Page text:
Tuesday, September 9, 2014

What Makes a Documentary Wedding Photograph?

Wedding photography - and particularly the documentary image - takes up a great deal of my thinking time when I'm sat at my desk editing or reading on the internet. It's a passion as well as a job so I'm quite often distracted by other photographers websites or getting involved in discussions on the various forums that cover the subject. One particular discussion I was involved with earlier this week asked the question:

"What defines a 'documentary / reportage / observational' photograph?"

and it's one of those deceptively simple questions that gets you thinking about everything that you do.

Weddings documentaries are littered with cameras these days - every guest must have one - so what is it that I am doing on the day that differs from everyone else that is taking photographs?

**The majority of my work on the day is unposed**
I'm looking for truthful, natural and unselfconscious photographs of how the wedding day was for everyone who experienced it on the day. (Guests' photographs tend to be about making other guests stand and smile for the camera.)

**My photography on the day is about telling a story**
Wether it is within a single image or a sequence of images I'm always looking to tell the story of the wedding day in each photograph. I'm always looking to show the emotional interaction that is happening on the wedding day - not every photograph is about smiling and looking at the camera; more often it's about the heightened emotions of the day - crying, laughing, kissing, being proud, being overwhelmed, being nervous, being really REALLY happy, being human.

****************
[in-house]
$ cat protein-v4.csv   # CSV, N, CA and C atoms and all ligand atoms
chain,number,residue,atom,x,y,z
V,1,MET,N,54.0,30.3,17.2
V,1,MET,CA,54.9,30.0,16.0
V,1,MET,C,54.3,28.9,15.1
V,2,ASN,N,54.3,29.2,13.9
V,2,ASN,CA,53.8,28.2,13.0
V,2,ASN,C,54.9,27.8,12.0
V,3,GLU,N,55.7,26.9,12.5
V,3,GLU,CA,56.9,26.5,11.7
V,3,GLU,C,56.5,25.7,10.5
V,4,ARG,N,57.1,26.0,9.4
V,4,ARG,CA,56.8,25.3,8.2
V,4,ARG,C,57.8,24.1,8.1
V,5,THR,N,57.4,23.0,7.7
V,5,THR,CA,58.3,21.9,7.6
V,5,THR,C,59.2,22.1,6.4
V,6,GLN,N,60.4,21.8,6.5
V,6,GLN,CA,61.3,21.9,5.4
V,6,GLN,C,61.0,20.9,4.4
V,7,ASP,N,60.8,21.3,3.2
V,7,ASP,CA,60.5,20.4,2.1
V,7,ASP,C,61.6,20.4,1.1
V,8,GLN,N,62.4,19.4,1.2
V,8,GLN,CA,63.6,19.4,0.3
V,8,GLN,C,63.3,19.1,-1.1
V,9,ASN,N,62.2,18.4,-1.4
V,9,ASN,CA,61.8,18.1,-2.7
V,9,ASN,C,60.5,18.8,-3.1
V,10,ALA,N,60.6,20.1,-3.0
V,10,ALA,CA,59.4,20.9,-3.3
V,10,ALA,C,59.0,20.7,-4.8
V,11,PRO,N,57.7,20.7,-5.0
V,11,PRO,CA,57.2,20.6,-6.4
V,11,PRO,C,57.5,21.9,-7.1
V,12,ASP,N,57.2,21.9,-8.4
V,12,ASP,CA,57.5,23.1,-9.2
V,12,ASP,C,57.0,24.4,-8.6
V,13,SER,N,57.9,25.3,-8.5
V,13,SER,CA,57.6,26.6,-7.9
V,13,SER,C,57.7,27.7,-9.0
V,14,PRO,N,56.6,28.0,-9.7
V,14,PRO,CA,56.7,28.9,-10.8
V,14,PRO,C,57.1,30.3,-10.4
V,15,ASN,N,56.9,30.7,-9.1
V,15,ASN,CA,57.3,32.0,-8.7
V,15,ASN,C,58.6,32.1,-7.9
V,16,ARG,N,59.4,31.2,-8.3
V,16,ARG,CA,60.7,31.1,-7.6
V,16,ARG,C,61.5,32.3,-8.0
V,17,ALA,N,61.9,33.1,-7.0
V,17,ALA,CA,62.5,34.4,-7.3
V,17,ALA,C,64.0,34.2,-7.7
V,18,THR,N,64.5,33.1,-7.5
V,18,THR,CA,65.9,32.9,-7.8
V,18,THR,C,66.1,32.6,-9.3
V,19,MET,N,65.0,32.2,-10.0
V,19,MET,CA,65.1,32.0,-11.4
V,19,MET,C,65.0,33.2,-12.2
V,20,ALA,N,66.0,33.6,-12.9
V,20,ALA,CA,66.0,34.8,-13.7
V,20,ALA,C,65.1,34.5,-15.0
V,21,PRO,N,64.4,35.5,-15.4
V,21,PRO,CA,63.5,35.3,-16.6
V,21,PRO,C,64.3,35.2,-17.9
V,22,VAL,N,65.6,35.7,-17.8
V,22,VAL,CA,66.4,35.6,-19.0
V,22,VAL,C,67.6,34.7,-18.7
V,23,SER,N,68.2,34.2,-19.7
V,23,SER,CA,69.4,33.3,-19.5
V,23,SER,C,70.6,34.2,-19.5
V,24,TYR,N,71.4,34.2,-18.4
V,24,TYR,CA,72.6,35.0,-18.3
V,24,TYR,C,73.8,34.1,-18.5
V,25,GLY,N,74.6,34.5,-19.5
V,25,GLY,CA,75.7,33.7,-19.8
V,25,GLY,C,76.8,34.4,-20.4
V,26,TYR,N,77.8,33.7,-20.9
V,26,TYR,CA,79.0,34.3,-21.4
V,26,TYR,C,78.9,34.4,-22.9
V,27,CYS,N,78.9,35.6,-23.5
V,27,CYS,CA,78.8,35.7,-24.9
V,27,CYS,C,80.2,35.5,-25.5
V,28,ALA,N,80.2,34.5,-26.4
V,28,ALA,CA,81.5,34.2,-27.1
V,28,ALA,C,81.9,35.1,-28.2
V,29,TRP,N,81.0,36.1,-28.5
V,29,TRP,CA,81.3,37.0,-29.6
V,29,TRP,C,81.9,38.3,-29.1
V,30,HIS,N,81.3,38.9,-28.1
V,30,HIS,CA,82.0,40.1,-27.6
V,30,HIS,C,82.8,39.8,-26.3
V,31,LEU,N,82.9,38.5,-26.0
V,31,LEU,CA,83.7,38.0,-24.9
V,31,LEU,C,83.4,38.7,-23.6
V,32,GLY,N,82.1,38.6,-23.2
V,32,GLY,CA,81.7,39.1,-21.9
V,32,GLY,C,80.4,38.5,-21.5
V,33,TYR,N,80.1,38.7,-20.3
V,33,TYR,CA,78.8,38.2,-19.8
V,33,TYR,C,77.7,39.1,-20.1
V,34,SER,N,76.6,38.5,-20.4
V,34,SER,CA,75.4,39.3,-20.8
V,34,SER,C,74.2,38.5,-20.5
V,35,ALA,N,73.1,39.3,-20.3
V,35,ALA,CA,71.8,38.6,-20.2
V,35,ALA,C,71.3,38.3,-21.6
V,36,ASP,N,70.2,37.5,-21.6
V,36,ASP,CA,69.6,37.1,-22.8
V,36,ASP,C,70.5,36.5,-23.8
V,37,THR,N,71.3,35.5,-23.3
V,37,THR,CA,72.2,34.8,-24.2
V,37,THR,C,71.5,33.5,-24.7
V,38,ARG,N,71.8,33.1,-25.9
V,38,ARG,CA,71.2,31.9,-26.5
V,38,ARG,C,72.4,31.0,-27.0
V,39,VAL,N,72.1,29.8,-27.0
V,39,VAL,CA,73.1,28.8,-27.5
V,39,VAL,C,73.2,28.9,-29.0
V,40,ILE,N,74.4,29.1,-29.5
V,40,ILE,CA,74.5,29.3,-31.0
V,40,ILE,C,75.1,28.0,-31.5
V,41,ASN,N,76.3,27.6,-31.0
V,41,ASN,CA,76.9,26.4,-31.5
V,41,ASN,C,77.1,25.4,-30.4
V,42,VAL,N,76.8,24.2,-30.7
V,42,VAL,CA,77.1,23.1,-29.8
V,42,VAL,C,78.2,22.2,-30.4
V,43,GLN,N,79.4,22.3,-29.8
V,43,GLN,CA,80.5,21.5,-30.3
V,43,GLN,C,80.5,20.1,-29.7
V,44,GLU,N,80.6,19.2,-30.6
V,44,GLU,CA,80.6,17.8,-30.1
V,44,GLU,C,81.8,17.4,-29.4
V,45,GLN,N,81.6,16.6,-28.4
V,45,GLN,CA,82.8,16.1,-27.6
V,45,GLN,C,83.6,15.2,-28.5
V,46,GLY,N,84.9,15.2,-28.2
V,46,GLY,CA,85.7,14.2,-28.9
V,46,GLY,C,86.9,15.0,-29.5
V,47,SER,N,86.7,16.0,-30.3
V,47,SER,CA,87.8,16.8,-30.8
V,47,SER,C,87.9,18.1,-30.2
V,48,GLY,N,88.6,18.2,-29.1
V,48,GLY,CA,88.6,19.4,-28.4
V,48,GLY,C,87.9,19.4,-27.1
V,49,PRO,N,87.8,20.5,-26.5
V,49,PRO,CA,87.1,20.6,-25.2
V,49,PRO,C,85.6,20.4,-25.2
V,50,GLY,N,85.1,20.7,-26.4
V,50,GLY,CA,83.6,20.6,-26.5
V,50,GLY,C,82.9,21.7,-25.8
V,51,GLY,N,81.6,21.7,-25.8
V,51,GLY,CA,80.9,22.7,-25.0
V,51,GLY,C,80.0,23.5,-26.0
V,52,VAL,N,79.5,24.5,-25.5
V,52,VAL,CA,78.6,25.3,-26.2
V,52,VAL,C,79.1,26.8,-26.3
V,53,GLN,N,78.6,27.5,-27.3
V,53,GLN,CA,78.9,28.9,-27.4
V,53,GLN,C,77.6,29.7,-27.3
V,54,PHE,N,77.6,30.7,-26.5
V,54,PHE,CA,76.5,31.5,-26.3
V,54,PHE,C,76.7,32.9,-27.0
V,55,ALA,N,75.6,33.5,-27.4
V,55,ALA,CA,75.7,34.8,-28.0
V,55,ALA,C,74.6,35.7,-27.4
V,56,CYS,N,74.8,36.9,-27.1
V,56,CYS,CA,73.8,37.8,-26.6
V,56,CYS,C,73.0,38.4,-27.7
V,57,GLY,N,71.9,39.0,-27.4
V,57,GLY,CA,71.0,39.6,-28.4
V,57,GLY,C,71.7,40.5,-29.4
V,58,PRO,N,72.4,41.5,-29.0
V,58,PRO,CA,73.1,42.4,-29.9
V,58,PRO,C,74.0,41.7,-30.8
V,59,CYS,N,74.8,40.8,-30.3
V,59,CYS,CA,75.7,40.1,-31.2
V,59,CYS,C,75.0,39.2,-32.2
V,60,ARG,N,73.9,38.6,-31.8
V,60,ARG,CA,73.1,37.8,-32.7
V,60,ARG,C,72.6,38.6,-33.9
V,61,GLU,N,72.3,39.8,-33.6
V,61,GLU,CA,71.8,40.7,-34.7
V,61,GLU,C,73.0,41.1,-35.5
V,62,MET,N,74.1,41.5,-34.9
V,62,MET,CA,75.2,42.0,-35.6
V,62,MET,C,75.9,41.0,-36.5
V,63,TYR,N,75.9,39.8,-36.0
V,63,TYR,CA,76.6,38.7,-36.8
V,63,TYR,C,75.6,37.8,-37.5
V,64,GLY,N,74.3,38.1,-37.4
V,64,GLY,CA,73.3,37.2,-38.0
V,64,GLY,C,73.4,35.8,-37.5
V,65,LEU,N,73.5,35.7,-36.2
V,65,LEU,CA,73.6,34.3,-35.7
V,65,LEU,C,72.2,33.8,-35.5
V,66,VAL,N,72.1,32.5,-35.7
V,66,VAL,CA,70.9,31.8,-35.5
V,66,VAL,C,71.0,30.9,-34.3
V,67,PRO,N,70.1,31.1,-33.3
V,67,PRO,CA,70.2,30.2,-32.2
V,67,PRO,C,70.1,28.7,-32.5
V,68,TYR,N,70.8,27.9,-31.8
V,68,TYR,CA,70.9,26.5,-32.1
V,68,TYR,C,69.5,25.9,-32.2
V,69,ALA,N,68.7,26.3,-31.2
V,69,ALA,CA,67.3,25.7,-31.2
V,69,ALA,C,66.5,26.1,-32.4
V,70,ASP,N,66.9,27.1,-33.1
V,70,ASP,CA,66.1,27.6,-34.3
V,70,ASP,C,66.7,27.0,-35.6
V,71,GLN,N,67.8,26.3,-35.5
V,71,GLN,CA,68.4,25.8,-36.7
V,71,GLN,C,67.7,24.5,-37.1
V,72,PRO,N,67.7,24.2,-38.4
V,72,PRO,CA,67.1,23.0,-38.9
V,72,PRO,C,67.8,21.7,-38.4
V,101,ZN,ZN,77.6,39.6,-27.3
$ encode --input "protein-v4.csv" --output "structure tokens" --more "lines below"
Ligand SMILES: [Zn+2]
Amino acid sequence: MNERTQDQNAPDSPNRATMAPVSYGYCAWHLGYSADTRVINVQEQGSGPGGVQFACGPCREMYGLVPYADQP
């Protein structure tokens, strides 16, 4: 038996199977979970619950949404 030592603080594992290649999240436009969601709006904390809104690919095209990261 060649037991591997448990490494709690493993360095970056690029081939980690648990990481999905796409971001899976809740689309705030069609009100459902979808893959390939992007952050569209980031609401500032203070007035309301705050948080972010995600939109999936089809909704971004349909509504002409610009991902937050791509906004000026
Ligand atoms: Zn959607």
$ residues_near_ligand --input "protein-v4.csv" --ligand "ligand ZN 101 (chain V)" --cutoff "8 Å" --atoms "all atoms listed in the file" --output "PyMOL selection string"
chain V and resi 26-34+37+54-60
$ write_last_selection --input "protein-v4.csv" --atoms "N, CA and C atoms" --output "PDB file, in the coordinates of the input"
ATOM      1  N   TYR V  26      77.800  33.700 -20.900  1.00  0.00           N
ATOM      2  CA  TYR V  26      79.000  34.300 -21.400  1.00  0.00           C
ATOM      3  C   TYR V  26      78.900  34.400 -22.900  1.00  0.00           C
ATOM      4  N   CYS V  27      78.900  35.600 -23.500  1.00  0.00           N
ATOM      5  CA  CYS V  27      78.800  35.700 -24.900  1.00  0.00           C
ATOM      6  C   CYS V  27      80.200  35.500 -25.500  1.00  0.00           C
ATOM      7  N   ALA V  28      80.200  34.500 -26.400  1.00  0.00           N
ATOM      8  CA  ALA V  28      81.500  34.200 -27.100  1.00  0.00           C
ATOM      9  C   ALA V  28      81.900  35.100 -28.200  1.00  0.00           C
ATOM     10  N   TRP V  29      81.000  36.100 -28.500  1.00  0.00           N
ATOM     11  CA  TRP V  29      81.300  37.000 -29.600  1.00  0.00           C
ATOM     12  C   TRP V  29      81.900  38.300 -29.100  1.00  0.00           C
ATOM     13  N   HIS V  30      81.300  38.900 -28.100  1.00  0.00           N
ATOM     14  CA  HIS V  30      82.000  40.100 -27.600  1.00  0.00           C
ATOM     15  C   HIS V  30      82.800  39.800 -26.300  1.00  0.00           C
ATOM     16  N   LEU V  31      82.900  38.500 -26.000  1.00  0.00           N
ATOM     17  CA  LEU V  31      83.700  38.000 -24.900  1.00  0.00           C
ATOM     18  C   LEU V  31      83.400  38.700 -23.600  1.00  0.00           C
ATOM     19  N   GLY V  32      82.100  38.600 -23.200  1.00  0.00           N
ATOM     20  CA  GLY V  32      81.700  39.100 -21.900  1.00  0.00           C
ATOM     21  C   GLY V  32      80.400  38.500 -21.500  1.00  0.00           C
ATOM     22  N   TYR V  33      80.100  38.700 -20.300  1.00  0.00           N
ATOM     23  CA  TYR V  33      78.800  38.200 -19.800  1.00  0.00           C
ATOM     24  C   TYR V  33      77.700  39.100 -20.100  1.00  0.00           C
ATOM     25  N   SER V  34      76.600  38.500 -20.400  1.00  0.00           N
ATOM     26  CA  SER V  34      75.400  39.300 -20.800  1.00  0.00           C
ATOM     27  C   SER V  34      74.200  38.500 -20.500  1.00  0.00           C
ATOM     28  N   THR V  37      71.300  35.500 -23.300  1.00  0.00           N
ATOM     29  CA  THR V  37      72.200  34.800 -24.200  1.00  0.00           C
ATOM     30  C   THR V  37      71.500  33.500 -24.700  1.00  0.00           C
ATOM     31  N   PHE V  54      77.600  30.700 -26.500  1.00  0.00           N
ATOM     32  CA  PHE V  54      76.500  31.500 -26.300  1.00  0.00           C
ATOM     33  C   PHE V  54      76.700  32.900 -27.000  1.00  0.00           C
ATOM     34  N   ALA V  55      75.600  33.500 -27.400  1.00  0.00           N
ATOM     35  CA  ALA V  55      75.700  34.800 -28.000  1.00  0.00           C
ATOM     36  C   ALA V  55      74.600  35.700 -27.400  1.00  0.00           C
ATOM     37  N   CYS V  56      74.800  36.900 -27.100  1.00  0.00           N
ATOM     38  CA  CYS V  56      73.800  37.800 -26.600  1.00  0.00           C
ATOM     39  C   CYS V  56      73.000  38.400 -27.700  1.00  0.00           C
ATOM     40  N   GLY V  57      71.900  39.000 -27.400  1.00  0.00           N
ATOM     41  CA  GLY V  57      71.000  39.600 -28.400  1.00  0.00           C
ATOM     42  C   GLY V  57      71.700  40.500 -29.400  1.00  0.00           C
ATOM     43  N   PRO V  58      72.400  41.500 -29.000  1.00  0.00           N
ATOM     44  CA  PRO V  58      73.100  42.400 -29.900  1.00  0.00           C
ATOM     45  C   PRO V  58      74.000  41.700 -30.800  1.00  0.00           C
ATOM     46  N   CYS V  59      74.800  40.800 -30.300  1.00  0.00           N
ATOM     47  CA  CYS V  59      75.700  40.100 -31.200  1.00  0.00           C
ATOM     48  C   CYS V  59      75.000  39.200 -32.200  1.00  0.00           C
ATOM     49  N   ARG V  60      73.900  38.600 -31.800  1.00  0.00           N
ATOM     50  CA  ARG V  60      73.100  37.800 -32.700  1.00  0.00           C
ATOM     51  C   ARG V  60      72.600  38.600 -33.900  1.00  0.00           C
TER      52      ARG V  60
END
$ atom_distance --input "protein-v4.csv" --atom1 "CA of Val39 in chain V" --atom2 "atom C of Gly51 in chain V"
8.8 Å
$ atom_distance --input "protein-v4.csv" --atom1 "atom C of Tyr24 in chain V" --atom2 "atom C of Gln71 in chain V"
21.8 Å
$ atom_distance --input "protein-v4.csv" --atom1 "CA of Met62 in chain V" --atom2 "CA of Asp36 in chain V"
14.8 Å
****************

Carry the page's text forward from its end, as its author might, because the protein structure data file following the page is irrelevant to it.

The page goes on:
It's most importantly about what is happening 'between' people. Photographing the connections and reactions of the wedding day. I really love that there are so many emotions that couples, parents and friends go through that it makes telling the story of the day so compelling for me.

**It's more than 'snapshots'**
I've been asked before "With so many guests clicking away throughout the day why not just collect all their shots together and make an album?".

Some of the explanations above will go someway to answering the question but I would also say that it's not their 'job' to document the day. They are part of the day. I'm watching, waiting, anticipating and creating photographs that are not just little slices of the day but form part of a narrative that tells the story of the event - in an aesthetic, artistic and pleasing way (I hope).

Before I click the shutter I'm not just thinking about who is in the frame but where we are, what the light is like, what I want to say, how best to communicate what the photograph will tell us, what to include in the frame and what to leave out and what is the split second in time that will register the emotions of the scene (or when is the punchline coming in the speech so I can get everyone laughing at the same time!).
Every guest takes a 'snapshot' so they can remember being there but a good documentaries photographer communicates the emotion of the day to people who weren't there - or who haven't yet been born.